Indonesia celebrates Batik Day

Traditional Javanese Batik. Image by Max Pixel on Creative Commons Zero

Proud of its rich cultural heritage, Indonesia celebrates Batik Day on October 2. This is the date the United Nations Educational, Scientific and Cultural Organization (UNESCO) recognized batik as a ‘Masterpiece of Oral and Intangible Heritage of Humanity’ in 2009 (source).

Where does Batik come from?

While the precise origins of Batik are unclear, its history reportedly goes as far back as Ancient Egypt and to the Far East, Central Asia and India.

But it is Indonesia, particularly in Bali and Java, where Batik became a “highly accomplished art form. Recognizable motifs, patterns and colours were developed and designed to identify one’s family, social status and geographic origin. Some experts feel that it was originally reserved for Javanese royalty, and possibly a pastime of princesses and noble ladies of the time.” (source)

Batik Friday

Today Batik is made in many countries, including Malaysia, Thailand and The Philippines, but according to the Batik Guild “Indonesia, most particularly the island of Java, is the area where batik has reached the greatest peak of accomplishment.”

It is very much a part of the country’s cultural identity, so much so that the government encourages everyone, especially those who work in government offices and institutions, to wear Batik every Friday. (As a side note, this is something we do at Seven Stones Indonesia.)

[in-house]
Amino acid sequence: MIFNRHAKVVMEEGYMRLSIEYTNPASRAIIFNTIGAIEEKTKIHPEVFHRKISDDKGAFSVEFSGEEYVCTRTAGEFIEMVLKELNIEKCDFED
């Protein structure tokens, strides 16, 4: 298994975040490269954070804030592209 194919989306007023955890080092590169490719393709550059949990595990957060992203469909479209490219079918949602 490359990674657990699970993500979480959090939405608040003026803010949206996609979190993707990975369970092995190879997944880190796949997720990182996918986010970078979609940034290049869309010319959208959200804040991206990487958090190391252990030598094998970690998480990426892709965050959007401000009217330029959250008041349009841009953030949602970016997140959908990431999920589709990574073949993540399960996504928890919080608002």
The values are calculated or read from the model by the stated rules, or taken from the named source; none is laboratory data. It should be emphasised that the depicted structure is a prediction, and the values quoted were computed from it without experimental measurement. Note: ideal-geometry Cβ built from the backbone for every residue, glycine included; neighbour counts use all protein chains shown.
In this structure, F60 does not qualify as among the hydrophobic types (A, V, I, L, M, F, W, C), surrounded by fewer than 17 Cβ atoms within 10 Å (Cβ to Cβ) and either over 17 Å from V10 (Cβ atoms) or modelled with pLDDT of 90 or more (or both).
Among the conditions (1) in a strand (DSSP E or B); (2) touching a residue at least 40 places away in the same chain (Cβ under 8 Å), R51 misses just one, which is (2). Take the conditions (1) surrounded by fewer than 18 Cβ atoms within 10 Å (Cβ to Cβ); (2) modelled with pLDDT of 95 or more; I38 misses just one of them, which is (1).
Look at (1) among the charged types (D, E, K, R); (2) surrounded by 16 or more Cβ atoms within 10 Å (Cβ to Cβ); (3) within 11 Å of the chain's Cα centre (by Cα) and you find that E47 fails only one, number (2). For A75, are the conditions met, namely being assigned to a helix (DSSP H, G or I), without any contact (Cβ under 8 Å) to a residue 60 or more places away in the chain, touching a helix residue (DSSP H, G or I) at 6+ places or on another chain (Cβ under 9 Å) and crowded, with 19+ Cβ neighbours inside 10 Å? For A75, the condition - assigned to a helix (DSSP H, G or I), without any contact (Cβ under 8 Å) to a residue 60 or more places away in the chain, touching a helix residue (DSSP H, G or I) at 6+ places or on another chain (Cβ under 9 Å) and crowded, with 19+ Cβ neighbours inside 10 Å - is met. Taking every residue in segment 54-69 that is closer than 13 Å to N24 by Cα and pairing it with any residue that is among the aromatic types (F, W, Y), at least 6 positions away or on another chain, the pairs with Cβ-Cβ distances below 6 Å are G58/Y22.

So what is Batik?

Sources credit the origins of the word Batik to two Javanese words amba (‘to write’) and titik (‘dot’), words used to describe a technique of wax-resist dyeing on textile, which experts claim is over a thousand years old. (source)

Image by Masbet Christianto on Pixabay
Traditional Batik painting technique. Image by Masbet Christianto on Pixabay

The traditional method still practiced in many parts of Java involves hand-drawing designs using hot wax on prepared cloth with a special tool called a cantin. Designs tend to follow standardized patterns, some of which have been preserved for centuries.

Quality comes at a price

The wax is used to cover those areas of the design be protected from the dye. (Imagine drawing in negatives.) After the cloth has been dyed additional areas are also covered with wax and the cloth is dyed again with a second colour of dye. This process continues until all colours have been added and it can take as long as six-months (or more) to complete and can fetch prices close to USD 4,000 for one sarong.

Early in the last century, copper blocks called tjiap (pronounced ‘chap’) were developed and used to stamp the patterns in wax onto the cloth to speed up the process but they’re also considered to be of a lower quality.

Image by Agto Nugroho on Unsplash
Making Batik with a copper block. Image by Agto Nugroho on Unsplash

Batik and celebrities

It’s true to say Indonesians are in love with Batik but the trend has spread across the world and really hit the big time in terms of global exposure with Nelson Mandela sporting some beautifully designed Batik shirts in his meetings with world leaders.

In more recent times Hollywood stars and fashion designers such as Donna Karan, Dolce & Gabbana, Dior, and Kenzo are also incorporating Batik into cool, chic designs.

Are you proud to wear Batik?

If you are and you want to shout about it, please send us your photo in Batik and we’ll feature it on our website and social media platforms. We’d love to hear from you.


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Andrzej Barski

Director of Seven Stones Indonesia